The legal force and effect of the argument for the petitioner is that section 19 above quoted is not delegation of legislative authority, and, for such reason, is invalid. The language of the section is clear, positive and certain. It expressly says that no public utility by land or water shall ever make any permanent change in its time tables, its service of sailing schedules without the approval of the Commission first had and obtained. That carries with it and implies legislative power vested in the Commission to fix sailing schedules as a condition precedent to granting of a license to do business; otherwise, that portion of section 19 would be nullity. It is clear that the Legislature intended to vest that power in the Commission. The remaining question is whether or not the Legislature itself has the power to fix the sailing schedules. In a certain sense the waterways of the Philippine Islands correspond to its roads and highways. No case direct in point has been cited by counsel on either side, and in so far as we are advised, the important here has never been decided by any court, hence, it is one of first impression in this court.
Section 390 of Pond on Public Utilities, p. 450, says:jgc:chanrobles.com.ph
"The control of the streets and highways is in the state in trust for the public for whose use and convenience they are dedicated as a means of transportation and communication, thereby affording to the public the means by which they may go from place to place, communicate with each other and enjoy such other convenience as the various kind of service provided by municipal public utilities afford. As the streets and highways are dedicated exclusively for the use and convenience of the public generally, it follows that the legislature acting for the state, or any municipal agency to which this power may have been delegated , should make no grant which will materially interfere with the uses for which the streets and highways are dedicated."cralaw virtua1aw library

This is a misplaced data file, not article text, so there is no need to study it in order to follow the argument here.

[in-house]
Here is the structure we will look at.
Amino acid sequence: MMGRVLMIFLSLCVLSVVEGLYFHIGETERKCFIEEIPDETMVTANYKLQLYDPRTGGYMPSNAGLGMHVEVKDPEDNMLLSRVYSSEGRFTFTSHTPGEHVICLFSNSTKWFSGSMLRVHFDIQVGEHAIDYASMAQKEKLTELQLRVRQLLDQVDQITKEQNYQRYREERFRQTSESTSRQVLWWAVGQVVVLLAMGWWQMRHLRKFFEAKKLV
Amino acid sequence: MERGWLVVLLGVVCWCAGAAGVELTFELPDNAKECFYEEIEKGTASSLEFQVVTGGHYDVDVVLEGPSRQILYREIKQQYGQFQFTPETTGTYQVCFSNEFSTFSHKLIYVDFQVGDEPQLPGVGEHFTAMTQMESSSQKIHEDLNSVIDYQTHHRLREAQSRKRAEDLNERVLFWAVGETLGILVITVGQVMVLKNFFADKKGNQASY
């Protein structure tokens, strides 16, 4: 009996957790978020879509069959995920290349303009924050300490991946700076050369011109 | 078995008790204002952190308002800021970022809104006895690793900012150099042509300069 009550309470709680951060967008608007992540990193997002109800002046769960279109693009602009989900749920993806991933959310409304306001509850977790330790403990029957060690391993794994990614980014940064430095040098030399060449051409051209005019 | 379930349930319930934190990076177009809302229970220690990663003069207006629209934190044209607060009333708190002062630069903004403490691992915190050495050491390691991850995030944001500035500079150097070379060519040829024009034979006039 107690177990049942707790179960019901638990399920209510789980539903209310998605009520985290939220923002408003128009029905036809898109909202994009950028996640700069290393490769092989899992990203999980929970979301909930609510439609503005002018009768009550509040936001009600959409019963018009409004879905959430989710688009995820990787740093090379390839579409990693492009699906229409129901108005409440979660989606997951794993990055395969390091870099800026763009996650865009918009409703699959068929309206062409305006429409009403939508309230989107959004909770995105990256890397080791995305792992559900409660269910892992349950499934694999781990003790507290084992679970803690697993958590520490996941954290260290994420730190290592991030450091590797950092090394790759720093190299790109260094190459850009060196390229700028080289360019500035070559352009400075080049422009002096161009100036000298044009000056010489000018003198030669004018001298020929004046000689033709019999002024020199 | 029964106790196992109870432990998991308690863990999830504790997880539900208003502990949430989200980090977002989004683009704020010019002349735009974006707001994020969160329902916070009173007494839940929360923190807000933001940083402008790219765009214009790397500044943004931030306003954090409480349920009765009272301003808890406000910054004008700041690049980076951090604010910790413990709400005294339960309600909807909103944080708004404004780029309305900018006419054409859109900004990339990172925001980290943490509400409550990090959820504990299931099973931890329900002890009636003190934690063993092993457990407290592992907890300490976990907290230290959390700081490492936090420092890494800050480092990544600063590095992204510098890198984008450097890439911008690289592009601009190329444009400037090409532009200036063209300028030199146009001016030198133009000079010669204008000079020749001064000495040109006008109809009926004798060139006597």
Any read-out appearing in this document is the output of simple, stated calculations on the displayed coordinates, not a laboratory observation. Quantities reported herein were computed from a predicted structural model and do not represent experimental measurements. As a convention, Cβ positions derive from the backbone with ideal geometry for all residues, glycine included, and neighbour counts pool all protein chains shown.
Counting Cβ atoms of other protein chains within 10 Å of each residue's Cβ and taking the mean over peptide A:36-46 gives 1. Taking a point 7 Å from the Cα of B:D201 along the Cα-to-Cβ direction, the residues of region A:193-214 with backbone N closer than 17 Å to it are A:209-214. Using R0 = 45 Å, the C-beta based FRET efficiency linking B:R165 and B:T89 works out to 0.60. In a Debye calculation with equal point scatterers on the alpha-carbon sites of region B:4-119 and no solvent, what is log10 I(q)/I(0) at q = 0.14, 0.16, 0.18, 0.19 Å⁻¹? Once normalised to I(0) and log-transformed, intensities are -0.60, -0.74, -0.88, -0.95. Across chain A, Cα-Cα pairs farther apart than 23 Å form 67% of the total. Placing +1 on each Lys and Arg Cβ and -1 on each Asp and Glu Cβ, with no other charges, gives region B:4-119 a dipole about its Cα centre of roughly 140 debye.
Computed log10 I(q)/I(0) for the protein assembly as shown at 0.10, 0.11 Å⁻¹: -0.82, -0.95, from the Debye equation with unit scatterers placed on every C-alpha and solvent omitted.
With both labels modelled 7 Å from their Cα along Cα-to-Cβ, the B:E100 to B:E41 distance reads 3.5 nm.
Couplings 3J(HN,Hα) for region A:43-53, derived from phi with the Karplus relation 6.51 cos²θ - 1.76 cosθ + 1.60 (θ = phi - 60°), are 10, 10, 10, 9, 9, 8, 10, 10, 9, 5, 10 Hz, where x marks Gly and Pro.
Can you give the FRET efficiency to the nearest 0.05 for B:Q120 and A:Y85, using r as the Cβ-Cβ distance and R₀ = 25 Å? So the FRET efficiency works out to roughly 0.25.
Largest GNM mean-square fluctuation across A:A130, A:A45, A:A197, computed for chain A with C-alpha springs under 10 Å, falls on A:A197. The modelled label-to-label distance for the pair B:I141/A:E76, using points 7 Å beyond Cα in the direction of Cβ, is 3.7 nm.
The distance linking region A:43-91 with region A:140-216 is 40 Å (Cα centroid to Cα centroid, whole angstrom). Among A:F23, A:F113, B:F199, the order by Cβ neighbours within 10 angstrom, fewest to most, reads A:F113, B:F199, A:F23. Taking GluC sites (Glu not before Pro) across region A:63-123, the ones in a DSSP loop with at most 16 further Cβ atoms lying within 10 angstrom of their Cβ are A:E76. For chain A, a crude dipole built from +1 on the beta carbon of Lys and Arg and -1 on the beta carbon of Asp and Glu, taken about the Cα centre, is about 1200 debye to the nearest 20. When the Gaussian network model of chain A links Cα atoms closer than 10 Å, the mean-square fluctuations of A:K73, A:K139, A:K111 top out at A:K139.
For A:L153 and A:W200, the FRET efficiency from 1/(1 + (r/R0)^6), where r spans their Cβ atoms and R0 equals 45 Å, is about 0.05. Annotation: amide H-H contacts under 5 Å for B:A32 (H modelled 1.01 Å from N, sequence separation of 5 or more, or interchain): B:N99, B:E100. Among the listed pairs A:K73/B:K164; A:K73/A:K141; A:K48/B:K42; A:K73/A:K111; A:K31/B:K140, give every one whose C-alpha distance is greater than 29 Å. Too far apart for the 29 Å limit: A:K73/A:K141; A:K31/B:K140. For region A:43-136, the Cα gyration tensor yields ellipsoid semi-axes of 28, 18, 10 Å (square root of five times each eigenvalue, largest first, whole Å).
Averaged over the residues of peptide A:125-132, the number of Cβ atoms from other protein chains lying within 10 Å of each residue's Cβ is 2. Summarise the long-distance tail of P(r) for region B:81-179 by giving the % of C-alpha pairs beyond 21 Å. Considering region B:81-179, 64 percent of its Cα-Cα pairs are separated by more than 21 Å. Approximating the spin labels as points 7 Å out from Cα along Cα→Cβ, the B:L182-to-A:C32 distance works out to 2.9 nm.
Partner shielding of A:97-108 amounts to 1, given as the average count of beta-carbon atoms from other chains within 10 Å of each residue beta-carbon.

And section 414, p. 476, says:jgc:chanrobles.com.ph
"The rule of law is now universally accepted that when private property is devoted to a public use it is subject to public regulation and control. In recognition of this doctrine and as furnishing a forceful definition and current application of it to modern industrial conditions for the purpose of controlling the public service corporations providing any public utility service, the leading and most important case is that of Munn v. Illinois (94 U.S., 113; 24 L. ed., 77). Under this decision property is clothed with a public interest and devoted to a public use when used in a manner to make it of public consequence, and to effect the entire community, so that when one devotes property to a use in which the public has an interest, he virtually grants to the public an interest in that use, he virtually grants to the publican interest in that use, and submits it to public regulation and control for the common good to the extent of the interest so granted."cralaw virtua1aw library
The whole tenor and trend of modern legislation is to vest the Public Utility Commission with power to regulate and control the operation of the public utilities under reasonable rules and regulations in the interests of the public. That was the purpose of the amendment. Here, as elsewhere, the Commission is vested with a large, discretionary, administrative power, and, as a general rule, courts will not interfere with the exercise of that discretion when it is just and reasonable and founded upon a legal right. In the instant case, a large amount of testimony was taken upon all of the questions of fact involved. Upon which the Commissioner found against the petitioner. The Legislature has, in legal effect, vested the Commissioner with power to fix sailing schedules of ships and after and exhaustive hearing, the Commissioner found that it would be against the interest of the public to grant the proposed change in the sailing schedule of the steamship Venus. We are not prepared to say that the law is unconstitutional. Neither can we say, as a matter of law, that the findings of the Commissioner are not sustained by the evidence, or that they were made "in excess of the jurisdiction conferred upon the law."cralaw virtua1aw library
The writ is denied and the ruling of the Commissioner sustained, without costs to either party. So ordered.
Araullo, C.J., Street, Malcolm, Avanceña, Villamor, Ostrand, and Romualdez, JJ., concur.